Baltimore restaurant apologizes after video shows black woman, son denied service

A group of Baltimore restaurants apologized Monday after the video of a black woman and her 9-year-old son who was denied service due to the way the boy was dressed appeared, despite the fact that he apparently he served a white boy who was dressed similarly.

The mother, Marcia Grant, posted two videos and several still images of the incident on Facebook on Monday, saying that although she had faced racism, it was difficult to see her son, Dallas, endure it.

“I have faced racism over and over again, but it is difficult AF, when you have to see your son (9 years old) upset because he knows that he is being treated differently than a white boy,” Grant wrote.

The incident occurred at Ouzo Bay, a restaurant owned by the Atlas Restaurant Group.

In the videos, a white employee, an unidentified manager, tells Grant that she and her son cannot be served because of how Dallas dresses. The boy is wearing sports shorts, sneakers and an Air Jordan shirt.

“Unfortunately, we have a dress code,” says the manager, as he begins to suggest that the boy change to “non-sporty dress shorts” if possible.

Grant then turns his camera to a white boy, who is dressed in sportswear very similar to that of Dallas, who appears to be leaving the restaurant with his family after being treated. The manager later claims in the video that he couldn’t see the white boy well.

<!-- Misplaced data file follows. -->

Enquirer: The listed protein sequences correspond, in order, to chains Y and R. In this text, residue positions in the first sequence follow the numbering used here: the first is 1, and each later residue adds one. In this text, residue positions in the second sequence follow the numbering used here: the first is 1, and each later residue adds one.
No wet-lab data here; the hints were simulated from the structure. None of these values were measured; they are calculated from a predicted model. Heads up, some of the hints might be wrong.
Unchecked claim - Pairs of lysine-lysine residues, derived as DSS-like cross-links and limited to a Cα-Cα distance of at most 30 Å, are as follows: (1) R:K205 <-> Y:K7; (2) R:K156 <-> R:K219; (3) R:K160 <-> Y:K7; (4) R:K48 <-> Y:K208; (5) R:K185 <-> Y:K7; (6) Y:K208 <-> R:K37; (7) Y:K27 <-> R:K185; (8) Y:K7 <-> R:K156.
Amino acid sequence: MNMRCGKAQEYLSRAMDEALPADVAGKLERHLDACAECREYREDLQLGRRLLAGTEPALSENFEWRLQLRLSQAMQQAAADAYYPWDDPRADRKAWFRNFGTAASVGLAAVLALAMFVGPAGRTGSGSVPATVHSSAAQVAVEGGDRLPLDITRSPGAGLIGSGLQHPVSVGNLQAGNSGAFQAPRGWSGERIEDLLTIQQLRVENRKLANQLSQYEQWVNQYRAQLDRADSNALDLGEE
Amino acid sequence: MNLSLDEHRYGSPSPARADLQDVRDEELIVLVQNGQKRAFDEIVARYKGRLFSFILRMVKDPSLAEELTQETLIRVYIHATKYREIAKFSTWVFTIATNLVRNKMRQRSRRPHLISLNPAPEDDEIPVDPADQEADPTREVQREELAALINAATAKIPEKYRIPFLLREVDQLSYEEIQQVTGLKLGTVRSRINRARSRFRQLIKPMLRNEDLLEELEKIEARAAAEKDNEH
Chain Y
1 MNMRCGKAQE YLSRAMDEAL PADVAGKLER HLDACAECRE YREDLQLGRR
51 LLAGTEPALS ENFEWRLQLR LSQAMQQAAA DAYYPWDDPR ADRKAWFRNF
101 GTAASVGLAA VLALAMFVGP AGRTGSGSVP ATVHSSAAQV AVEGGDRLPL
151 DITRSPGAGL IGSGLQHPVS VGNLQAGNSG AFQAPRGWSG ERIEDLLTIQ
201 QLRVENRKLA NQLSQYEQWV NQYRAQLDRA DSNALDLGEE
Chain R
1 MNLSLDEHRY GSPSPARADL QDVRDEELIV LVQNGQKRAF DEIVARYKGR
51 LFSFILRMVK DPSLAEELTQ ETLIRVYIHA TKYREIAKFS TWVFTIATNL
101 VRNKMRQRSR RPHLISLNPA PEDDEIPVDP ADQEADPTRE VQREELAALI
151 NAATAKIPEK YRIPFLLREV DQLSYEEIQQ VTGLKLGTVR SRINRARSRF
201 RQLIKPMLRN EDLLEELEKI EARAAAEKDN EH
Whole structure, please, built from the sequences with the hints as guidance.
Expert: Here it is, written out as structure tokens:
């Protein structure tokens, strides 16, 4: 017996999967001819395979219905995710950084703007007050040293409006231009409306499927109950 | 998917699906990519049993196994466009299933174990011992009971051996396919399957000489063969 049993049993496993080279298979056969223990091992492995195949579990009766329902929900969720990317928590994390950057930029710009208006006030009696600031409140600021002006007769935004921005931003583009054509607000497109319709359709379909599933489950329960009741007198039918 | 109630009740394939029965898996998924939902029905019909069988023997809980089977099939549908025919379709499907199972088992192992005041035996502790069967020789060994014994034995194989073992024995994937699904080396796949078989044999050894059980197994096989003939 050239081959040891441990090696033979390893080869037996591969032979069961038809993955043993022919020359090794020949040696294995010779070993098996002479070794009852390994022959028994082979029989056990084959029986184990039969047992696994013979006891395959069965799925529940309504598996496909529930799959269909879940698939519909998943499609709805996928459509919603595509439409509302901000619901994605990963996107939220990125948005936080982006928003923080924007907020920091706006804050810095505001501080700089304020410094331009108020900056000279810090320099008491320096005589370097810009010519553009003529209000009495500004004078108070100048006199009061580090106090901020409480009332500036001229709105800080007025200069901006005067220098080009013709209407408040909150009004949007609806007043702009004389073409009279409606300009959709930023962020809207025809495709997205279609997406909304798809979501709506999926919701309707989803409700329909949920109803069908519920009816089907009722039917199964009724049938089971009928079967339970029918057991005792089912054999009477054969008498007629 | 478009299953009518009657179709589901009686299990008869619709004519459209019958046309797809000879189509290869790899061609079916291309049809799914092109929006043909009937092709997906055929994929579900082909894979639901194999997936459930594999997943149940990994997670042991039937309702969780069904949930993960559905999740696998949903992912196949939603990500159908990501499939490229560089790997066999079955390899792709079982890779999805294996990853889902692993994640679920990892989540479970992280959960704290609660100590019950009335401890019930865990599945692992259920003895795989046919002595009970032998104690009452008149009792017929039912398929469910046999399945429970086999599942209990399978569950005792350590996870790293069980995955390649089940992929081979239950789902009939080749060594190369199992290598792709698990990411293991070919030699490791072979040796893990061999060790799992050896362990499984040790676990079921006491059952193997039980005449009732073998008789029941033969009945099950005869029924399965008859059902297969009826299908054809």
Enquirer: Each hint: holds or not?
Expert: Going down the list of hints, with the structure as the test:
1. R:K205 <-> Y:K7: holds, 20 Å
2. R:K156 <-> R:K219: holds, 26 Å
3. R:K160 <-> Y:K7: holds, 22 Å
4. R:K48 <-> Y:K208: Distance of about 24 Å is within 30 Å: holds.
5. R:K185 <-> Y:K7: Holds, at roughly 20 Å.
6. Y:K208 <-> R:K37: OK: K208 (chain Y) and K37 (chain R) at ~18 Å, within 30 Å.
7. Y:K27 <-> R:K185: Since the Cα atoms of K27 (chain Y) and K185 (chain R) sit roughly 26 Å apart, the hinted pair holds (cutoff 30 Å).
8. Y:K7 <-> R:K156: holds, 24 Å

Atlas Restaurant Group released a statement calling the incident “disturbing”.

“This should never have happened, the manager seen in the video has been put on indefinite license,” the statement says in part. “We are sick from this incident. We sincerely apologize to Marcia Grant, her son, and everyone affected by this painful incident.”

The group said their dress codes are “the result of continuous customer input” and that “they are not intended in any way to be discriminatory.”

Atlas said it was immediately changing its policy so that children 12 and under are not subject to the dress code.

Grant did not immediately respond to a message seeking comment Tuesday morning.

However, this is not the first time that Atlas has been criticized for its dress code. In September, his restaurant The Choptank banned “baggy clothes, sunglasses after dark and scarves,” according to The Associated Press. The restaurant later modified the dress code, AP reported.